Ray Charles

Modern Sounds in Country and Western Music

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When Ray Charles made Modern Sounds in Country and Western Music in 1962, he was operating from a position of power. Two years into his contract with ABC-Paramount, he had already become a fixture in the Top Ten with both his singles and his albums, winning a Grammy for his 1960 single "Georgia on My Mind." Charles had freedom to do whatever he wanted, and he chose to record interpretations of 12 country songs, drawing almost equally from recent hits and older standards. The sly virtuosity within Charles' approach was to treat these tunes as a a songbook to be reinvented, not as songs that were tied to their rural roots. Later, Charles explained that he saw little difference between a country tune and a blues song -- they draw from the same emotions and musical traditions -- but the striking thing about his interpretations on Modern Sounds in Country and Western is that he's not concentrating on the earthier elements of either genre. He's fully focused on playing these songs as he'd play any other, grounding them in jazz and soul, then dressing them in arrangements designed to snag a crossover audience. To latter-day generations, those arrangements -- thick with strings and backing vocals -- may sound slightly schlocky, yet even in 1962 they were a sign of how Charles was as intent on appealing to a mainstream easy listening demographic as he was to his soul and jazz audience. That's the brilliance of the project: it is thoroughly American pop music, blending seemingly disparate elements in a fashion that seems simultaneously universal and idiosyncratic.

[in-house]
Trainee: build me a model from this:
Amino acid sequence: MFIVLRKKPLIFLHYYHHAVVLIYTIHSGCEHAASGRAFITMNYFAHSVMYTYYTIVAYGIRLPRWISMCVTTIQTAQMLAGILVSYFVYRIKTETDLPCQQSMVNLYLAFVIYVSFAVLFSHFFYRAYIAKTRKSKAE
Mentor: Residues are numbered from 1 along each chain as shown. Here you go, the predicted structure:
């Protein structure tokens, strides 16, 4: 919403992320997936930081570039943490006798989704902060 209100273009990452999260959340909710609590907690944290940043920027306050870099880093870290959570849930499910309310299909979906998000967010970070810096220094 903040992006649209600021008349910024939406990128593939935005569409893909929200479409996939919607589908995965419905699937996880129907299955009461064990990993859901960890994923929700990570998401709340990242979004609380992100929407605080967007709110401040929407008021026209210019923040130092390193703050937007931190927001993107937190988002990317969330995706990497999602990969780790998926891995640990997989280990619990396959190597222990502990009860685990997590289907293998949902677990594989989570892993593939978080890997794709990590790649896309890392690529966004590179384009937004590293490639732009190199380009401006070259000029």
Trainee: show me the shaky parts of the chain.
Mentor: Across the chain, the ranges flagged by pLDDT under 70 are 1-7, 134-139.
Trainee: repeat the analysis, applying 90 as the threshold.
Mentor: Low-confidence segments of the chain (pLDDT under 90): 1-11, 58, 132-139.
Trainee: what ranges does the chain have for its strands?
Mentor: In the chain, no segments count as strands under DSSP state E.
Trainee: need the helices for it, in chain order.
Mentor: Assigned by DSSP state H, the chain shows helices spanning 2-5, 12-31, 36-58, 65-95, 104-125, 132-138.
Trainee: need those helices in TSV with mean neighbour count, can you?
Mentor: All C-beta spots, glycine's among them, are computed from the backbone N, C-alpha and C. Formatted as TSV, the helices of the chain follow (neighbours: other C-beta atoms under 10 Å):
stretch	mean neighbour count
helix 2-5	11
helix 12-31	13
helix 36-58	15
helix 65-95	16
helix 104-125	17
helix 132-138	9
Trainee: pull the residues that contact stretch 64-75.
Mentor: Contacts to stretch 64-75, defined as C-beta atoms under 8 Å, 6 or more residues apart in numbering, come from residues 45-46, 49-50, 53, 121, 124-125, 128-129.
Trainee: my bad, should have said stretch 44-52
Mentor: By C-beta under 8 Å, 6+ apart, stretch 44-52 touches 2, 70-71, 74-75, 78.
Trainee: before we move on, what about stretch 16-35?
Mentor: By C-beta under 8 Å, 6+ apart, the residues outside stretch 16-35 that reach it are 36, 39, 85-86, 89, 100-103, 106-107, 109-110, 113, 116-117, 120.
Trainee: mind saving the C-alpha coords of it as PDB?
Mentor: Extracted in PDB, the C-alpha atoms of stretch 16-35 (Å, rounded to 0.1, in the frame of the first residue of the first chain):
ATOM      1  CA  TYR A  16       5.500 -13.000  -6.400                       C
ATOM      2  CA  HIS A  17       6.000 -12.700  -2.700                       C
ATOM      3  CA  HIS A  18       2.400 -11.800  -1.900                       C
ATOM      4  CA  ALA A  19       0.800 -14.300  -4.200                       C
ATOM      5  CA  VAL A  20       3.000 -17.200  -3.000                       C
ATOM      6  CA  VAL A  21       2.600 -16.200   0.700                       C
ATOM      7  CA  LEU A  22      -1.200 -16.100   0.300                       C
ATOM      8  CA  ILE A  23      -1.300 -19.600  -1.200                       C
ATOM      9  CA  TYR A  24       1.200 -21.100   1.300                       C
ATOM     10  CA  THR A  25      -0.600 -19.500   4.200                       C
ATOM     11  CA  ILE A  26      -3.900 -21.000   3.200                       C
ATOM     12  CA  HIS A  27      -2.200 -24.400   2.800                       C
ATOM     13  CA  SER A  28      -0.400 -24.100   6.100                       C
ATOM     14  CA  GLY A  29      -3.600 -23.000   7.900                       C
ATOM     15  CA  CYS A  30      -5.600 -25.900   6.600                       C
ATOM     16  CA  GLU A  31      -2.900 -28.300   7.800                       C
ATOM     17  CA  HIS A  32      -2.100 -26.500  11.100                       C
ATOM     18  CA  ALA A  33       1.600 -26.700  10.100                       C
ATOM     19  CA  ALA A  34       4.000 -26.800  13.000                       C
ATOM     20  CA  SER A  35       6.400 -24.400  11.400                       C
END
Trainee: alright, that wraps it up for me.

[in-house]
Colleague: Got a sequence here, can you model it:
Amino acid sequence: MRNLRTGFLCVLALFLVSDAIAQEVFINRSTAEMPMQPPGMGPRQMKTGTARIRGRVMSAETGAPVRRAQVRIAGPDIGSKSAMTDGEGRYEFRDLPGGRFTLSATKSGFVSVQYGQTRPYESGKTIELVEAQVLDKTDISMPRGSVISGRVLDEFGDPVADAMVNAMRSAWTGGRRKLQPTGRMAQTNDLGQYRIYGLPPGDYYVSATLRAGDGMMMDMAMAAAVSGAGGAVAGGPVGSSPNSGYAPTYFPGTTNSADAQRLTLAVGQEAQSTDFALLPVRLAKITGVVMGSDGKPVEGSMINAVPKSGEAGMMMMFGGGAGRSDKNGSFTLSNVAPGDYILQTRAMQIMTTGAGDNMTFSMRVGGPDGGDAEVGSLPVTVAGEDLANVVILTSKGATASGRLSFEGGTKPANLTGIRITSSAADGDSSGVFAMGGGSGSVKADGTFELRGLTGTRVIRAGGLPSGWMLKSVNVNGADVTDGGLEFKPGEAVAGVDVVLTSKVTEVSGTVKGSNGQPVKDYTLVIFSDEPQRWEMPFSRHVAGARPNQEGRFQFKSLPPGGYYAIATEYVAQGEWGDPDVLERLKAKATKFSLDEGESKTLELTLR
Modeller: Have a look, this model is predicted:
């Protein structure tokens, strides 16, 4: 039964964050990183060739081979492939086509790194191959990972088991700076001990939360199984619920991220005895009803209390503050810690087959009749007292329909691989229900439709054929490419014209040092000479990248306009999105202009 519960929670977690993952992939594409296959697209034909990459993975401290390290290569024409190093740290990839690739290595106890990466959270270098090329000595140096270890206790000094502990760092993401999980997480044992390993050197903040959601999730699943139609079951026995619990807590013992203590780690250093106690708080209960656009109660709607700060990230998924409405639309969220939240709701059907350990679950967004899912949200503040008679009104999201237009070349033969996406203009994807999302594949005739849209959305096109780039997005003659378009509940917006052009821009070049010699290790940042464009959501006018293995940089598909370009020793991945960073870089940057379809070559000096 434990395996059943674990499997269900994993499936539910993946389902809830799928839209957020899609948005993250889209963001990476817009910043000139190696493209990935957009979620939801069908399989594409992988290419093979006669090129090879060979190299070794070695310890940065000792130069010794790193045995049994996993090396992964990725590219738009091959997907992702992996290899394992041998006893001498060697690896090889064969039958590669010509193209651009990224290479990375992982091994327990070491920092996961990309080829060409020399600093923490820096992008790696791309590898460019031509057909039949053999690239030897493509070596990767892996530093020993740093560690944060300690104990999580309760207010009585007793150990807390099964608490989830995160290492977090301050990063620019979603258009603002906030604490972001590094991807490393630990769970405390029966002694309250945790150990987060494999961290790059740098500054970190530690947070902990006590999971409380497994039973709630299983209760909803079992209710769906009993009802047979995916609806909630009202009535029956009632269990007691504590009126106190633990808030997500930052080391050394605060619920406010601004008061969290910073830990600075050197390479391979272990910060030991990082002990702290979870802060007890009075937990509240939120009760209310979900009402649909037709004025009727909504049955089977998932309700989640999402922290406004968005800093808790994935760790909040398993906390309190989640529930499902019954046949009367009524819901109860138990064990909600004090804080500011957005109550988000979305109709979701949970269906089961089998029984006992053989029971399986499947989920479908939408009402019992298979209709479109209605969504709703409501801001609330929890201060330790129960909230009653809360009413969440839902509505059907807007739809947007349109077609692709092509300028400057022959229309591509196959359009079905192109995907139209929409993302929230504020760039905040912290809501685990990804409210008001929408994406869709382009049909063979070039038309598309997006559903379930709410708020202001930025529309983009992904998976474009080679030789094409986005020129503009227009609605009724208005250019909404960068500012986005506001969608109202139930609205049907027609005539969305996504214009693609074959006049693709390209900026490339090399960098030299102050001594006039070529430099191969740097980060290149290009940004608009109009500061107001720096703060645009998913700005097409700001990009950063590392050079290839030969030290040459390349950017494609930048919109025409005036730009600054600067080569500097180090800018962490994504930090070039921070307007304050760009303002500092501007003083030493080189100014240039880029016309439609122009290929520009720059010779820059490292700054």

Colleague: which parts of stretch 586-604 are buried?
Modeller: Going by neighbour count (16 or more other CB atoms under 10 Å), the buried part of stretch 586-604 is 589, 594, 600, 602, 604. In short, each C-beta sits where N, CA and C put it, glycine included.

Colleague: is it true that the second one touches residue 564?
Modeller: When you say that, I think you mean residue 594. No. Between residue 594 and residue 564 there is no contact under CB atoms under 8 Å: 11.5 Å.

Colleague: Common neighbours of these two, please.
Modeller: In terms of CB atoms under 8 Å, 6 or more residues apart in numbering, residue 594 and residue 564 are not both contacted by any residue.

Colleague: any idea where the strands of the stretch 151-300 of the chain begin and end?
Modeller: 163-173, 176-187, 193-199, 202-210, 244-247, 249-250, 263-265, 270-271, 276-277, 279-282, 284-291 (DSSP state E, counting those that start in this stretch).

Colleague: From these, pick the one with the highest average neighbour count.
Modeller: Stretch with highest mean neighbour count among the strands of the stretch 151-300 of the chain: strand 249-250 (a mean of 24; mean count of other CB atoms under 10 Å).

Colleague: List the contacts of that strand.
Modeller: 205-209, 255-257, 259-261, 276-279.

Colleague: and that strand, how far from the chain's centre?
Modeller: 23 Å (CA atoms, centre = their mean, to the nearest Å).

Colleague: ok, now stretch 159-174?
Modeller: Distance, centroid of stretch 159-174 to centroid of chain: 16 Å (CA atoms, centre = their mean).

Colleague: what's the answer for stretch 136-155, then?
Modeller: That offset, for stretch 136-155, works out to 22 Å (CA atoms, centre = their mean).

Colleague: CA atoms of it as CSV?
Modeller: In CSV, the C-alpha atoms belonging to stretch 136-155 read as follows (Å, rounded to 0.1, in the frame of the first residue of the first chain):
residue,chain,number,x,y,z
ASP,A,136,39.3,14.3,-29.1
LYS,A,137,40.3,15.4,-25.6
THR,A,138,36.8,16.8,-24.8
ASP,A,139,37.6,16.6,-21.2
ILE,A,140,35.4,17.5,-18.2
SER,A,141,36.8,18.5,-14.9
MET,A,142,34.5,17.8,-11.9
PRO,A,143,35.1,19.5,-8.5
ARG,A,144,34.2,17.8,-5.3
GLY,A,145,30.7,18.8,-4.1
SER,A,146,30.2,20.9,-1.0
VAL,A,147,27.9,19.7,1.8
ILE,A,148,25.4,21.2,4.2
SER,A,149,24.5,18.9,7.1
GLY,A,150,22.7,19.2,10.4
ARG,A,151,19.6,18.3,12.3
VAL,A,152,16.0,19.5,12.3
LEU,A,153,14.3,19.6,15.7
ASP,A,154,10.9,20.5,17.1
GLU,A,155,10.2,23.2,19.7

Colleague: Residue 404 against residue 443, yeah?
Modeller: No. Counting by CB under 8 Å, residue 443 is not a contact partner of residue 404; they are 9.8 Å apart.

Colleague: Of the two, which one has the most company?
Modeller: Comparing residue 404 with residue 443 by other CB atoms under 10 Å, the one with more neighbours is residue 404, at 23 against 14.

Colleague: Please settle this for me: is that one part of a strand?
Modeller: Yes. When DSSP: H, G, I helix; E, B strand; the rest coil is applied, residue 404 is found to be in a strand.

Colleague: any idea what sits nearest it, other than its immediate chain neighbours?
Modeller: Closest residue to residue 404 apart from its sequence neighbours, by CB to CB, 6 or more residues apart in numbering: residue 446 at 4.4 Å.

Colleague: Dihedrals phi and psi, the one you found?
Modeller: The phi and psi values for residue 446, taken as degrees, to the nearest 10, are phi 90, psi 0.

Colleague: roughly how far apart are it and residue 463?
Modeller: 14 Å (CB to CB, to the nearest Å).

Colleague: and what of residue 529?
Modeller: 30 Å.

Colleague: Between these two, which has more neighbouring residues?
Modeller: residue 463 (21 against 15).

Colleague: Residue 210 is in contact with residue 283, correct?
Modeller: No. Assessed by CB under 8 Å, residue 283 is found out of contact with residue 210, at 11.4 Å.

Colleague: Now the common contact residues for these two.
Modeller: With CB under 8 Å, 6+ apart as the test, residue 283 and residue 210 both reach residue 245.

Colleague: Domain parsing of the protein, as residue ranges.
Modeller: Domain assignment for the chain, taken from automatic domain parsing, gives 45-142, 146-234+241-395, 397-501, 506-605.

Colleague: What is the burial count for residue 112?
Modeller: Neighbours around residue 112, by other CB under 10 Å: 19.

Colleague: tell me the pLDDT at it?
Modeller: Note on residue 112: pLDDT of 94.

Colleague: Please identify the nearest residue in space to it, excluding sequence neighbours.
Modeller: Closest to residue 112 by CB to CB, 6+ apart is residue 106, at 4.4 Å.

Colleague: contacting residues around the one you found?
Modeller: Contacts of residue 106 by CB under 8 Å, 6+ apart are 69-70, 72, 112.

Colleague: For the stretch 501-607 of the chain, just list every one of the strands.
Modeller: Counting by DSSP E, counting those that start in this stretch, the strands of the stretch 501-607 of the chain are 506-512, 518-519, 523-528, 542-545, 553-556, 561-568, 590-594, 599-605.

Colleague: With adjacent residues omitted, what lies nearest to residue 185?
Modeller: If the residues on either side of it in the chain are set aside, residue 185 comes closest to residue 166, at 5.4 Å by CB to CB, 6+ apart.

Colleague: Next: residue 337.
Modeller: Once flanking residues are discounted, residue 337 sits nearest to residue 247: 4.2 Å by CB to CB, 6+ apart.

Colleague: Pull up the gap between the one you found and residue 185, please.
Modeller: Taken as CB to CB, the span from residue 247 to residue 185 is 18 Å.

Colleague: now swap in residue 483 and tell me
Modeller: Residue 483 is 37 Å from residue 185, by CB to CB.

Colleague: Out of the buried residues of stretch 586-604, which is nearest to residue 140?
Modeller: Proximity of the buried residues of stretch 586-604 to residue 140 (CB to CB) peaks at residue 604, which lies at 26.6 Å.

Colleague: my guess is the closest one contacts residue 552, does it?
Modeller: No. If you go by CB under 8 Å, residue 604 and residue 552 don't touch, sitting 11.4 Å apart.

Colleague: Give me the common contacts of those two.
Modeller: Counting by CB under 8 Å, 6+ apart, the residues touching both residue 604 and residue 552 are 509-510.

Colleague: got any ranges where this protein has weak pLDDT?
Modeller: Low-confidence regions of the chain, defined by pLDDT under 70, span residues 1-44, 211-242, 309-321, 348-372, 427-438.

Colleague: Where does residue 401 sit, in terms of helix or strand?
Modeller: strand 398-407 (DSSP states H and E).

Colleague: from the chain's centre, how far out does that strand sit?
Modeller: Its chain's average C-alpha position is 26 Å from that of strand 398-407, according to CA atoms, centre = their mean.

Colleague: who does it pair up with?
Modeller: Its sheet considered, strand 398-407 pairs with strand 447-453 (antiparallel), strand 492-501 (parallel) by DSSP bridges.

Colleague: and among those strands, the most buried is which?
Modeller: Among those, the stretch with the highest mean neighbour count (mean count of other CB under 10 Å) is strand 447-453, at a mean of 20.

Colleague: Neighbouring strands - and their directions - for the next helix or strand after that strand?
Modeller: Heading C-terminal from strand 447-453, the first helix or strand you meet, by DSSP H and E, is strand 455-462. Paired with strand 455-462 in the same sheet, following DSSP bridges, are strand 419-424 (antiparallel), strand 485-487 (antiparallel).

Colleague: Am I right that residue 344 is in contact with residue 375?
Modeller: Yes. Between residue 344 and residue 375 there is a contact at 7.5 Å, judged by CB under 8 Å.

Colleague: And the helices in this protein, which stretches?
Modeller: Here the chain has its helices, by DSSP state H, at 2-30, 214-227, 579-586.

Audiences quickly embraced Modern Sounds in Country Music, which lead Charles and producer Sid Feller to record a sequel immediately, rushing it onto the marketplace of October 1962, just six months after the first hit the stars. Time has eroded the differences between the two LPs, and perhaps inevitably so: the two share the same sensibility and arrangers, with the difference being the second volume separates the big band tunes on one side, with the strings and choirs on the other. It's a notable distinction, but the main difference between the two albums is that the first volume retains a sense of discovery, whereas the second is made with the confidence that this particular formula works. In either case, the two albums -- whether heard individually or as a pair, as they so often are -- aren't so much complements but of a piece, music that changed the course of popular music and remains a testament to the genius of Ray Charles.

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